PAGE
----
The loonie continued its long slide Wednesday, hitting a fresh four-year low against the U.S. dollar.
The Canadian dollar was trading at 92.58 cents after falling more than a cent Tuesday to its lowest close since late 2009.
The slide followed a spate of bad news about Canada’s economy. The Ivey Purchasing Managers Index, a measure of economic activity, came in much lower than expected for last month, at 46.3, compared to 53.7 the month before. A reading below 50 suggests economic contraction.
Canada’s trade deficit numbers also spooked the markets, with Statistics Canada reporting Tuesday that the country's overall trade deficit with the world grew to $940 million in November as imports rose to $40.7 billion, while exports were unchanged at $39.8 billion.
The deficit came as the results for October were also revised to show a deficit of $908 million compared with an initial report of a surplus of $75 million for the month.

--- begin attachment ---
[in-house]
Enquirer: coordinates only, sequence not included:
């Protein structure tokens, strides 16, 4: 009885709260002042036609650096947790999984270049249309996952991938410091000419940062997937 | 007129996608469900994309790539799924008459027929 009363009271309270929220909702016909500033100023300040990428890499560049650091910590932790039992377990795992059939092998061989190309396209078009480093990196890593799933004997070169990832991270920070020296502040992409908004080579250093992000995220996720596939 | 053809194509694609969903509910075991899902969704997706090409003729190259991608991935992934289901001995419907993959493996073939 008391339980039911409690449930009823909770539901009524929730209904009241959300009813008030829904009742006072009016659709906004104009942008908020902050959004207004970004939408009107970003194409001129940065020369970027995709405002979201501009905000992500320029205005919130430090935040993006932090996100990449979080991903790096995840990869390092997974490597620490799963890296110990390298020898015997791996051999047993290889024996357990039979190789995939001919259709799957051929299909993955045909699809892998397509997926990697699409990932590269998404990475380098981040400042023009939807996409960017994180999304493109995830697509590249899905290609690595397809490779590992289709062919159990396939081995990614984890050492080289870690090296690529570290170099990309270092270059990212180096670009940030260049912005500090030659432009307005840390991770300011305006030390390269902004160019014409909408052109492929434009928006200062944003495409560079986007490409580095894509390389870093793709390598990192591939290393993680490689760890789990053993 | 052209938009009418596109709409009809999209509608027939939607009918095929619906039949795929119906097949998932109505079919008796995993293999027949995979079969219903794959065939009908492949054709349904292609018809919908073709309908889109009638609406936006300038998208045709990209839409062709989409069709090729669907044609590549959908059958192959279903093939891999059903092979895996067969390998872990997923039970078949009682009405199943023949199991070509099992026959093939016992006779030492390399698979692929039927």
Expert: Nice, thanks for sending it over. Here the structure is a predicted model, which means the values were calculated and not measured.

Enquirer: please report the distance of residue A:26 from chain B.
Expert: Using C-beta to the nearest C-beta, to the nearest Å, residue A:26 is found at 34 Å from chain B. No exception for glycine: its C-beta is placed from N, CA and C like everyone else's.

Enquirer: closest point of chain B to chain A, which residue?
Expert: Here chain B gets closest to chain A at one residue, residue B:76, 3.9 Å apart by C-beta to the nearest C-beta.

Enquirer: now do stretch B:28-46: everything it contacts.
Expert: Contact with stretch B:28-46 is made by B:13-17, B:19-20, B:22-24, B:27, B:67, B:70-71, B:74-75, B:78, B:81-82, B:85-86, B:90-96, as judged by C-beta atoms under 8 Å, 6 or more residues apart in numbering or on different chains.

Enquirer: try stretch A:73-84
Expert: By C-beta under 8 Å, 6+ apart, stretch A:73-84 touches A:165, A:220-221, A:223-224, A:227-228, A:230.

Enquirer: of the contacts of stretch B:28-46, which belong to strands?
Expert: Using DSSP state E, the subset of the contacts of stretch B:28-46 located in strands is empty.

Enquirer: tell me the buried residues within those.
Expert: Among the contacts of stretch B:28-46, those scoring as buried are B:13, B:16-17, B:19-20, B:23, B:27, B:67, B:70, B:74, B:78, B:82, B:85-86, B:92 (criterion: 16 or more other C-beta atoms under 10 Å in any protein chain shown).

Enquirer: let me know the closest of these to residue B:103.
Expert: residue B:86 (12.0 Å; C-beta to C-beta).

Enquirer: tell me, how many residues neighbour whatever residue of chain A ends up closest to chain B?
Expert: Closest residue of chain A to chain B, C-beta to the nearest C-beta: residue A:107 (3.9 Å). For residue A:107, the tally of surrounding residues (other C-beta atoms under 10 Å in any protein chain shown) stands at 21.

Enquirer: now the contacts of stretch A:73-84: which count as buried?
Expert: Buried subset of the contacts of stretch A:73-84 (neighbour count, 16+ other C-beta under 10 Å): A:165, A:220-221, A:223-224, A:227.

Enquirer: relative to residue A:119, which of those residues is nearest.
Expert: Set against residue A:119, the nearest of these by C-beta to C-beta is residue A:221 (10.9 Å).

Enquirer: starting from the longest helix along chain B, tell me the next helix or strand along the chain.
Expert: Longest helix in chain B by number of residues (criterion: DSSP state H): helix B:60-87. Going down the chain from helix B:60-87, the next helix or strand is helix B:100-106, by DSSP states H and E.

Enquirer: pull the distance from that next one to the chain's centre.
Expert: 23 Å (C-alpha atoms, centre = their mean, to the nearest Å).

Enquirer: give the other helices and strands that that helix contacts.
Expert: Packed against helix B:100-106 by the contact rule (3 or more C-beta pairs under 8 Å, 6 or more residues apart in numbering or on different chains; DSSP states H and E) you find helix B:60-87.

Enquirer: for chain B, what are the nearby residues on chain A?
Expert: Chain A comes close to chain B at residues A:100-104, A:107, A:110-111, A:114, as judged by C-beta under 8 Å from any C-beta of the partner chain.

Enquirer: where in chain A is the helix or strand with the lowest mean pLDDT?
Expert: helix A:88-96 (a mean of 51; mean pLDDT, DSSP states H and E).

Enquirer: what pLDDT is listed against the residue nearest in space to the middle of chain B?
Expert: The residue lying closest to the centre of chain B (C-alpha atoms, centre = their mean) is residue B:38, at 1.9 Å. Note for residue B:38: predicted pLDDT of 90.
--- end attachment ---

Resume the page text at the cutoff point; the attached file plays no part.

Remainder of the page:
Meanwhile, U.S. economic data has been positive, further pressuring the loonie downwards.
Payroll firm ADP reported the U.S. private sector created 238,000 jobs during December. That data came two days before the release of the U.S. government's employment report for last month. Economists expect it will show the economy created about 195,000 jobs in total.
Story continues below
International traders are certainly bearish on the Canadian dollar. The Globe and Mail reports the amount of money being placed in bets against the loonie is nearing extremes, with about US$5.5 billion currently invested against it.
Investment bank Goldman Sachs forecast late last year the Canadian dollar could hit 88 cents U.S. in 2014.
Meanwhile, Bank of Canada governor Stephen Poloz doesn’t appear in any hurry to raise the Bank of Canada's trend-setting rate. In an interview on CBC on Tuesday, he denied he was under international pressure to raise rates.
Federal Finance Minister Jim Flaherty suggested in a recent interview that there would be such pressure as a result of Fed tapering.
Poloz did say that Fed tapering will inevitably put pressure on Canadian bond yields, likely leading to an increase in long-term fixed mortgage rates even if the Bank of Canada does not increase its benchmark rate.
— With files from The Canadian Press